I do want to make sure I have all the information that I can get on it, and so I'll have to undertake to follow up to give a fuller answer on that.
The Vice-Chair (Mr. Garfield Dunlop): Mr. Hampton, you have just a quick question and answer. Just a minute left.
Mr. Howard Hampton: In fact, I think you'd probably find that there would be consensus around AbitibiBowater too, because the sawmills that ship their chips to AbitibiBowater need AbitibiBowater to survive. Otherwise, they have nowhere to send their chips, and if they can't sell their chips, then their economics go down the drain and they close. So there are literally dozens of other companies, some of them big, some of them small, who, just like the parts manufacturers, would be saying, "Do this," because it's not just the 3,000 or 4,000 jobs in AbitibiBowater; it's the 5,000 or 6,000 jobs that feed into this or that take off from this.
I just find the government's rationale for the one very convincing. I agree that the government should be there at the table with Chrysler and help in the restructuring and sustain those jobs. But it seems to me that if it makes sense with respect to Chrysler, it also makes sense with respect to AbitibiBowater. I can tell you, I don't think the Quebec representatives are going to be saying, "Keep the mills open in Ontario," just as the US congressmen wouldn't have been saying, "Keep Brampton and Windsor open," in terms of Chrysler. They'd be saying, "Keep the van plant in St. Louis and keep the car plant in Delaware," or wherever it is.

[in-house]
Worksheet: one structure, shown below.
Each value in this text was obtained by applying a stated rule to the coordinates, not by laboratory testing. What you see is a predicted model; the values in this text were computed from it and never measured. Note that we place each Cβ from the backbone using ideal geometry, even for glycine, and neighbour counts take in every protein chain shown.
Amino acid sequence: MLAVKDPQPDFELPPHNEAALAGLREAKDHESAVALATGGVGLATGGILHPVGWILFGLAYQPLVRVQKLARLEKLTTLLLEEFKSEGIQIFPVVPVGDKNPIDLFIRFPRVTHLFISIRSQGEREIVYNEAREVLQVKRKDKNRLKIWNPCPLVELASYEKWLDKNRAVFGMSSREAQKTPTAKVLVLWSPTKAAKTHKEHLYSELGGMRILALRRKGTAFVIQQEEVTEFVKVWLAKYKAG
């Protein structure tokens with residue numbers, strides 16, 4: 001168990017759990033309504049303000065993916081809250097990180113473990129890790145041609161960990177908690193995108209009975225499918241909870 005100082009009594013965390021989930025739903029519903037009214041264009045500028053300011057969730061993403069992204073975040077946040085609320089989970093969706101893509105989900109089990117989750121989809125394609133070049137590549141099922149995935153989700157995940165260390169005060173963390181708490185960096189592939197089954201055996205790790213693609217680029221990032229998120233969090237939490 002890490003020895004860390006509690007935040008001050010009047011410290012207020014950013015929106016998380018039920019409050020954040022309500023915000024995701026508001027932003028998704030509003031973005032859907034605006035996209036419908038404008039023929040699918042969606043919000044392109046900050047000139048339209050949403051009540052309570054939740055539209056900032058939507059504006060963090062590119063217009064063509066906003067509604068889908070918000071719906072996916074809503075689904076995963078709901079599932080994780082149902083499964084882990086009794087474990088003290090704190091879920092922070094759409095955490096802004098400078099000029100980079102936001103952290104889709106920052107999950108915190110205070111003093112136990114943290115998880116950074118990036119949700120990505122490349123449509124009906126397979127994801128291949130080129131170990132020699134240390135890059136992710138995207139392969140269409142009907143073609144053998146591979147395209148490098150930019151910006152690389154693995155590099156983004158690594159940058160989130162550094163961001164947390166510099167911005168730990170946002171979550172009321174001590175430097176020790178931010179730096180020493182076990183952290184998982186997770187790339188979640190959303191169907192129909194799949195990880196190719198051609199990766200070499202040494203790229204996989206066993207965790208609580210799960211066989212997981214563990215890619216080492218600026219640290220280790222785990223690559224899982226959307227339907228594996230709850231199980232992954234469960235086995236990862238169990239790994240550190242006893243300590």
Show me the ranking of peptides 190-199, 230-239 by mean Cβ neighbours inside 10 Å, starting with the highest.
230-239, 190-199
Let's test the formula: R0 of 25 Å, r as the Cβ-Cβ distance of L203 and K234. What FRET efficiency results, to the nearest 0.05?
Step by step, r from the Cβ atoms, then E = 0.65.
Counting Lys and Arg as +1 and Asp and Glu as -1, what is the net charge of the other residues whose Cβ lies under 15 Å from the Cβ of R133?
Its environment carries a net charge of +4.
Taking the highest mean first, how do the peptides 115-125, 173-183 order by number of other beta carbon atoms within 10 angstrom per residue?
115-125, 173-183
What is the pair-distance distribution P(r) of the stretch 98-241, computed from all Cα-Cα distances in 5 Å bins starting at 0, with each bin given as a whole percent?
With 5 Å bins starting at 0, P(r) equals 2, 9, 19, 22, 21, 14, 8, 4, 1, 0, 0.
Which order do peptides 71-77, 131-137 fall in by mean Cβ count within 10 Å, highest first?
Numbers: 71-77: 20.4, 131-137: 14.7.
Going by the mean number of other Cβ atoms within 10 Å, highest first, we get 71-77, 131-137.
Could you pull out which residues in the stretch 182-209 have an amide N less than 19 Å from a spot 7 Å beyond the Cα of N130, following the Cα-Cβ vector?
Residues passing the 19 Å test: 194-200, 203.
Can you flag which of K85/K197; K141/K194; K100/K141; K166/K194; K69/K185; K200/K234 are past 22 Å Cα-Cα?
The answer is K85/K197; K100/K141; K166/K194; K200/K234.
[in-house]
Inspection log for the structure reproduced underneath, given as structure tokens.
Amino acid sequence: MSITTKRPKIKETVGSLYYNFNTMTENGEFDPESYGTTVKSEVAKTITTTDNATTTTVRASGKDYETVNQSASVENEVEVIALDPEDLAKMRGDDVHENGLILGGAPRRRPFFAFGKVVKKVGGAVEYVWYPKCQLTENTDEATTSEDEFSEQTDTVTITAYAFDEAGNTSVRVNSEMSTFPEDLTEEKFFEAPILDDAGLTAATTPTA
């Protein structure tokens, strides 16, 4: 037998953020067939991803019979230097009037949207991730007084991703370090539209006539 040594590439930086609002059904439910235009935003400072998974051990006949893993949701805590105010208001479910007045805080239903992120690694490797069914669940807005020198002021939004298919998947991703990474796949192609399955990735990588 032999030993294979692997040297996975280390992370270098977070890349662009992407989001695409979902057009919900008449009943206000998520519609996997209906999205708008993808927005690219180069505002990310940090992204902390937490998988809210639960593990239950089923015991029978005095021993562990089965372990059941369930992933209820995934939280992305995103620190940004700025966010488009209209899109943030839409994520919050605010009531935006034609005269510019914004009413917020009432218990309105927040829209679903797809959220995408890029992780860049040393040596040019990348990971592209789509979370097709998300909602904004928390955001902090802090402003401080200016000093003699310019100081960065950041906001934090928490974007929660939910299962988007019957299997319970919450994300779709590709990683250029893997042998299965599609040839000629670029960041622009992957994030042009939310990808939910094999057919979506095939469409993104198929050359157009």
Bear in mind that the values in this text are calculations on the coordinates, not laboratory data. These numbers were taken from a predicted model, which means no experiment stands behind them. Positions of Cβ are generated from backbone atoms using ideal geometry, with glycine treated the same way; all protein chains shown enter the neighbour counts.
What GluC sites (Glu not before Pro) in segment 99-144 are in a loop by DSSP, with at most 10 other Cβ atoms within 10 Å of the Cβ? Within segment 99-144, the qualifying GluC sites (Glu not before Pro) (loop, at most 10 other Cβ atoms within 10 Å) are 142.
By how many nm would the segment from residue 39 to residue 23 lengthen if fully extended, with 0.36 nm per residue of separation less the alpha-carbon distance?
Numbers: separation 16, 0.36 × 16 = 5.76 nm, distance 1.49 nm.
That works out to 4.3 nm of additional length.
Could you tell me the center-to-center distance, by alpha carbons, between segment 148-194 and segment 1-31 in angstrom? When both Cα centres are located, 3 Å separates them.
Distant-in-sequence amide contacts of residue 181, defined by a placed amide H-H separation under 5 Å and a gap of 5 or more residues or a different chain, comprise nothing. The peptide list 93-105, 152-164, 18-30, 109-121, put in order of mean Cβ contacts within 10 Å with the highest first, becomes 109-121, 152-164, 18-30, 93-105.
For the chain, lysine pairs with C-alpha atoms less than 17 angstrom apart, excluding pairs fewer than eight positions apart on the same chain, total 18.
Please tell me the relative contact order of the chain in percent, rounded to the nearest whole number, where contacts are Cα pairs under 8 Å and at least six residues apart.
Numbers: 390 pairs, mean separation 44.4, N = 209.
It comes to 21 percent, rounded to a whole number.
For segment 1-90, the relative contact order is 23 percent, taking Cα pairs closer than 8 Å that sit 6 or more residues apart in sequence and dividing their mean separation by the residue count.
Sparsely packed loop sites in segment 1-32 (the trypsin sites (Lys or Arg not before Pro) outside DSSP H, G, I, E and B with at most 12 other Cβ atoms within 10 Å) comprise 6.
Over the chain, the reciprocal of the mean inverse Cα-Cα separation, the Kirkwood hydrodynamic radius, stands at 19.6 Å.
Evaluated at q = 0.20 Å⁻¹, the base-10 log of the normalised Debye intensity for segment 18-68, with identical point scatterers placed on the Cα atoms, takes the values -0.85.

I find the differing approaches of the government really hard to reconcile here. Maybe you can reconcile it for me.
The Vice-Chair (Mr. Garfield Dunlop): We're out of time in the questioning now. You can maybe bring it up again—
Hon. Michael Bryant: Yes, I will follow up.
The Vice-Chair (Mr. Garfield Dunlop): We're going to recess for about three or four minutes, and we'll be back. We'll go to the Liberals for 20 minutes and we'll clean up with the Conservatives today for another 20 minutes. Okay?